7. The reference here to Keppel's acquittal and later to the Edinburgh riots indicate that this and the following paragraph were composed sometime after the rest of the letter, probably around 20 Feb. (see the last paragraph of JA to Samuel Adams, 14 Feb., below). This is indicated by a canceled closing before the paragraphs in the Letterbook and, more significantly, by the fact that JA could hardly have known of Keppel's acquittal and its accompanying disorders or of the Edinburgh riots as early as the 13th. The court-martial did not end until 11 Feb., and the riots in Edinburgh against repealing the penal laws against Catholics, which began on 2 Feb., were not reported in the London papers until about 9 Feb. (JA to Francis Dana, 25 Dec. 1778, and note 4, above; London Chronicle, 6–9, 11–13 Feb.).

Docno: ADMS-06-07-02-0266

Author: Adams, John
Recipient: Lovell, James
Date: 1779-02-13

To James Lovell

[salute] My dear Sir

Yours of the 24 Oct. is before me. I have received several Letters from you <every one of> which I have answered, and written you many more. But so many Vessells have been taken, that I fear many have miscarried.
{ 409 }
We have been totally in the dark about every Thing at Philadelphia, for a very long Space of Time, yet private Persons learnt all—untill <the Address of Mr. Deane to the People,> a certain Address appeared in the English News papers and in the Courier de L'Europe.2 You must imagine, for I cant describe the Situation that this threw Us into. But on the Arrival of the Dispatches by the Alliance, We have much Relief, and I hope the sensation, will wear off, without any lasting ill Consequence. But for three or four days, I confess, I felt more fears for the Public than I ever felt before.3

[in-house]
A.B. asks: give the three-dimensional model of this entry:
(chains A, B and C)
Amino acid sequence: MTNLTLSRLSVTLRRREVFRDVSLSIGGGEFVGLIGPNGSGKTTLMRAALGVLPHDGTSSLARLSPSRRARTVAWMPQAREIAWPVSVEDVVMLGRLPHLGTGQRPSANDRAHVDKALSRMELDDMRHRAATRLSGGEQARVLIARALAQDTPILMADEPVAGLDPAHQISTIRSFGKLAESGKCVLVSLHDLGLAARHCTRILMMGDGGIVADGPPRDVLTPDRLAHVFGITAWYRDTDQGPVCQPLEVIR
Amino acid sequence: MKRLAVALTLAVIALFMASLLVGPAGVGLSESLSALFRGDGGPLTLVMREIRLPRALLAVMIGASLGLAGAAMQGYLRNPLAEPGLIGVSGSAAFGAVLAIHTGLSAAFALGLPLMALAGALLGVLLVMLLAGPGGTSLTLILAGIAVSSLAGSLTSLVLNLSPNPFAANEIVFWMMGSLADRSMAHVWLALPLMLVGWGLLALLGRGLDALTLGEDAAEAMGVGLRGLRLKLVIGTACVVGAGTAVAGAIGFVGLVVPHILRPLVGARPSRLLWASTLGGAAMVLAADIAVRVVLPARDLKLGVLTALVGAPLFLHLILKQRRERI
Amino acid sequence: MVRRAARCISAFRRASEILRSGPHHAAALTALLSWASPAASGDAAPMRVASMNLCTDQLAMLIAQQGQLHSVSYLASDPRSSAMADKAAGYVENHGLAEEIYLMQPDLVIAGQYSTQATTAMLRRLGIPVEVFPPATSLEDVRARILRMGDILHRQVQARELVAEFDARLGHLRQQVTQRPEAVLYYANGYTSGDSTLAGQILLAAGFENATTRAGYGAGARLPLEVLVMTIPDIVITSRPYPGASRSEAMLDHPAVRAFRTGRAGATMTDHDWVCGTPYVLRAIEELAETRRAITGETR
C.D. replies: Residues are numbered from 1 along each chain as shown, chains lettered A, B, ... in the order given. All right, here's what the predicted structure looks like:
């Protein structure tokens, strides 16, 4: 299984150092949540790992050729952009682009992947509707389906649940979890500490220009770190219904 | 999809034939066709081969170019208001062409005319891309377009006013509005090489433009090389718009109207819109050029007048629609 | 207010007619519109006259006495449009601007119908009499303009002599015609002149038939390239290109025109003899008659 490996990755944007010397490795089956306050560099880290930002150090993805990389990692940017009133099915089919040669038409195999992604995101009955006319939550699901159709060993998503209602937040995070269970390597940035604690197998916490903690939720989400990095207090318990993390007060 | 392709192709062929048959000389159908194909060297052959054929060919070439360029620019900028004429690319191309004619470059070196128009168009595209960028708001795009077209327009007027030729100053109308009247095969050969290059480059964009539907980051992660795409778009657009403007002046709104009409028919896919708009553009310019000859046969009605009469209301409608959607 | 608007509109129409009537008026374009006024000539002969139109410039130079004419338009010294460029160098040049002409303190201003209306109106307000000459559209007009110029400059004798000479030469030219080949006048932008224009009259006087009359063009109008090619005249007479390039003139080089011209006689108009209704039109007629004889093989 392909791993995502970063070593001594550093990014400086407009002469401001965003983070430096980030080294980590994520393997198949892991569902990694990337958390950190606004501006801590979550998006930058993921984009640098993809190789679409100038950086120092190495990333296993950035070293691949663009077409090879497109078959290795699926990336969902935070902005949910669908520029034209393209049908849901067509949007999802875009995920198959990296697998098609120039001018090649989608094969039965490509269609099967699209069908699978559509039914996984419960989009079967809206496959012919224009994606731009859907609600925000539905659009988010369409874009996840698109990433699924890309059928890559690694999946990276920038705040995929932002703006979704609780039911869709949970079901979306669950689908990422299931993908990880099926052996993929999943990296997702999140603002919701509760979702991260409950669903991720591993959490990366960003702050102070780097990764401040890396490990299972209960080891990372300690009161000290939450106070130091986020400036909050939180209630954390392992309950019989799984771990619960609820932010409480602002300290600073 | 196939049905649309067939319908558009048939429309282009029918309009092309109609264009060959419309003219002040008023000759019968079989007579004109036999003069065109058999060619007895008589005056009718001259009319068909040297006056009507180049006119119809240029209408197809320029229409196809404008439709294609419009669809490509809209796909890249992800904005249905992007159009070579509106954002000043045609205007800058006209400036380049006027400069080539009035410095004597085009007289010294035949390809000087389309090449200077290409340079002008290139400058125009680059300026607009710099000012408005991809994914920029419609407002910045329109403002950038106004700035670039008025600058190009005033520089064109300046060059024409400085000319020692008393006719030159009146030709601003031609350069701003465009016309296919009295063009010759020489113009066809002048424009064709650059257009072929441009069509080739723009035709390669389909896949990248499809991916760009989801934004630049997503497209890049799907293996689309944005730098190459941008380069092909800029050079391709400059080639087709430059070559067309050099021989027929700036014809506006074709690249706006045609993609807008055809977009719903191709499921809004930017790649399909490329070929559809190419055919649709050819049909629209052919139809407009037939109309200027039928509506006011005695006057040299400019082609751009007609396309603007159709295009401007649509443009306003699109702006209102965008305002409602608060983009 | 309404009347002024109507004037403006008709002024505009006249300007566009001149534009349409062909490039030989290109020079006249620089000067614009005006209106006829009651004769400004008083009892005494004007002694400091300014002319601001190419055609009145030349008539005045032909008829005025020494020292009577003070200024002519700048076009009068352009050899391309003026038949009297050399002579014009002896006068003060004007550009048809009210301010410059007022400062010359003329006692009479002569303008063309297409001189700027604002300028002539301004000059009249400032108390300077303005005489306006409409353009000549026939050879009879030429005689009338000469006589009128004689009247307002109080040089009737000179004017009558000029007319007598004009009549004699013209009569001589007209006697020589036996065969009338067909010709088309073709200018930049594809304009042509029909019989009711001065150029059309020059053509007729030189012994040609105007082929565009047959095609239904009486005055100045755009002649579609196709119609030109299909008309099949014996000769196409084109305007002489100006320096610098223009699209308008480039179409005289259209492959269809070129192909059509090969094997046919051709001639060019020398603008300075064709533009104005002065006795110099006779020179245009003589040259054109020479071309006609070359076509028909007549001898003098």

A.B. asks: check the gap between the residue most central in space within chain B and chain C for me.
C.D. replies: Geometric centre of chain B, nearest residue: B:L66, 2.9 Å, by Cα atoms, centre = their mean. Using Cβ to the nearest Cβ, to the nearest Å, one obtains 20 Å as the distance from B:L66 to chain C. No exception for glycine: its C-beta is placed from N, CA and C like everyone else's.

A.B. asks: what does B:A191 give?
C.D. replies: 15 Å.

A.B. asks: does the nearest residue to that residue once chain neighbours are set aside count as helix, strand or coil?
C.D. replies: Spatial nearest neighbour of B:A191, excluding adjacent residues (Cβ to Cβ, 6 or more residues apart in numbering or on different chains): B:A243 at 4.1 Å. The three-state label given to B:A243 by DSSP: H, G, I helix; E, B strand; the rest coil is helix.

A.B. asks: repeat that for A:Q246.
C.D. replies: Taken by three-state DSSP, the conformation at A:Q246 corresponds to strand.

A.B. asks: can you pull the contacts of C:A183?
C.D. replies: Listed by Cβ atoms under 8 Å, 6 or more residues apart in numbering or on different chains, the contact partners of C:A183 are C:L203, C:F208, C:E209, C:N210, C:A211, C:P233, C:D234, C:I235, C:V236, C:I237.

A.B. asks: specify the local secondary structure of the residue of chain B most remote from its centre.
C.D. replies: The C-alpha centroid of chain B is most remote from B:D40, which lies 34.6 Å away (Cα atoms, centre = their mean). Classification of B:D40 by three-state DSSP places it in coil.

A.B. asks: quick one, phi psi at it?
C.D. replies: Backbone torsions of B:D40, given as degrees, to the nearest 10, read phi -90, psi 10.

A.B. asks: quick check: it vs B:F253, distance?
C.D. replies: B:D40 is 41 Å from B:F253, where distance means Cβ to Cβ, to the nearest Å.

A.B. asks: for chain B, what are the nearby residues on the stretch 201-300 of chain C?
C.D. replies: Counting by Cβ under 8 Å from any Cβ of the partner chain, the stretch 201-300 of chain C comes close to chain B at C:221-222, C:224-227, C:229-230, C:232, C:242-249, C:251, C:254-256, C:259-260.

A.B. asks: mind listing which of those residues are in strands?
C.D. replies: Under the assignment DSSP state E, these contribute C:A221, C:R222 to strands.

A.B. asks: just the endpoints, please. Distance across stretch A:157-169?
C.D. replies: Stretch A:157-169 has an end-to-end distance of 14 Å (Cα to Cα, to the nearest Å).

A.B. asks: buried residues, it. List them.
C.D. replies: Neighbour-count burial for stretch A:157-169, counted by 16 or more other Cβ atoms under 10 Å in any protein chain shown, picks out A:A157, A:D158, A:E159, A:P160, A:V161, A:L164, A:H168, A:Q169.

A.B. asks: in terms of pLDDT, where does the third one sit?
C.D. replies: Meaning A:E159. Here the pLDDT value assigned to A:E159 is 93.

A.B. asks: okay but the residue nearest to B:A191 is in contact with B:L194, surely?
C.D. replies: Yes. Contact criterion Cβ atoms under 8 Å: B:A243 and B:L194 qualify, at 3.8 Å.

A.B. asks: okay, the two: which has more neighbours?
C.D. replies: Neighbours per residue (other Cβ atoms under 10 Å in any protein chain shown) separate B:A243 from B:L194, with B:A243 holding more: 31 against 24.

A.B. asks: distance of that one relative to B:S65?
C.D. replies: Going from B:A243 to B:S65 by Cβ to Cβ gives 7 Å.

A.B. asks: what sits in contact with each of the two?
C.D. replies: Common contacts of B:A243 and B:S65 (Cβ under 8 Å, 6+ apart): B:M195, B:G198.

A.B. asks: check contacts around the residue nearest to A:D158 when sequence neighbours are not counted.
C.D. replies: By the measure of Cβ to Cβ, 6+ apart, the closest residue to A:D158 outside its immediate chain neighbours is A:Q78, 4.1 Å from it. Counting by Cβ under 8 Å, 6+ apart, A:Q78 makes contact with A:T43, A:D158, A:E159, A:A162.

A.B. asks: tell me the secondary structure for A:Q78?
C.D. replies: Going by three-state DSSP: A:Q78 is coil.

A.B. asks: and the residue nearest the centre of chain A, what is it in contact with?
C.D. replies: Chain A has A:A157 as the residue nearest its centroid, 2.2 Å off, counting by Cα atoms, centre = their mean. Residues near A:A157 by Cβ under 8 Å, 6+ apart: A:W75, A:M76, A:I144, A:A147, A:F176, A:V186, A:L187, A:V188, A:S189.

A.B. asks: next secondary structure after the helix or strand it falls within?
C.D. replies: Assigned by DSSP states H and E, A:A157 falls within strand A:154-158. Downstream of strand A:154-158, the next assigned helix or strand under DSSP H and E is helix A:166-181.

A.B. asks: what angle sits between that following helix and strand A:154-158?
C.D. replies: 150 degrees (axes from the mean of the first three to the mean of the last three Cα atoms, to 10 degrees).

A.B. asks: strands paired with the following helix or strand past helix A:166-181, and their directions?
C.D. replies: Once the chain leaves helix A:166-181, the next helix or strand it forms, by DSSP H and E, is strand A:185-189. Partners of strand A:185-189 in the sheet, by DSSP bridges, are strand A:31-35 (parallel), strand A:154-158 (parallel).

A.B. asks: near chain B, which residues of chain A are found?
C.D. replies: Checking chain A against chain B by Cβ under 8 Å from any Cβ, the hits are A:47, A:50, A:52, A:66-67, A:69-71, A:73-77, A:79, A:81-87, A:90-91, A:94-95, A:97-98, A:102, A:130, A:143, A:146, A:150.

As to Finances, I am quite unequal, at this Distance to form any Opinion. Dr. Price most politely declines, on Account of Age, and Connections.4 As to loaning so much as you mention, I cant see the End of it—it is too vast an Object for me. Cannot much be done in the Way of Œconomy, to lessen Expences. Cannot Taxes be raised to help along? You say I am against Debts abroad. You heard my sentiments in Congress upon that Head, but I assure you, I have not presumed, to Act in Conformity to those sentiments in opposition to those of Congress, I have done all in my Power, to accomplish their Views. But the state of our Currency it appears to me, and what they hear in Europe from all Parts of America of the Course of Exchange, discourages and will discourage. They cant see through our System, and altho very well disposed towards Us, are afraid to risque their Interest. I am now accountable only to myself for my opinions, being a private Citizen, and therefore I tell you plainly you must recommend Depreciation and Appreciation Laws, or our Currency will be good for nothing. And you must tax to the quick.5
The States of Europe, seemed, not long since to be universally friendly to Us, and England without the Hope of an Ally. I hope no late Intelligence, has altered or will alter this Disposition. The English are so artful in framing and industrious in propagating Suspicions, that It may be necessary to say to you, that I am fully perswaded, of the firmness of this Court, in our Support. Their Preparations by sea, are very great, and already in my opinion considering the state of ships and Number of Seamen Superiour to the English altho the Number of Ships is not so great.6 We expect News from the C. D'Estaing, every Hour. I am with great Affection your Friend
LbC (Adams Papers); notation: “sent.”
1. No extant letters by James Lovell mention receiving a letter of 13 Feb. He does indicate in his letter to JA of 20 Aug. (below), however, that he had received one of 19 Feb., for which no Letterbook or recipient's copy has been found. JA may not have copied this letter from his Letterbook until 19 Feb., not an { 410 } unusual practice, but it is quite possible that the letter was never received. See Lovell's letter of 20 Aug., and note 1, and that from Elbridge Gerry of 24 Aug., and note 1 (below).
2. See John Boylston to JA, 6 Feb., note 1 (above).
3. See JA's Diary entries for 8, 9, 11, 12, and 13 Feb. (Diary and Autobiography, 2:345–347, 352–354).
4. See Price to the Commissioners, 18 Jan. (above).
5. This sentence was interlined, as was at least a portion of the one immediately preceding it. It is impossible to determine precisely how much of that sentence was an addition to the original text.
6. The preceding nine words were interlined.
Cite web page as: Founding Families: Digital Editions of the Papers of the Winthrops and the Adamses, ed.C. James Taylor. Boston: Massachusetts Historical Society, 2018.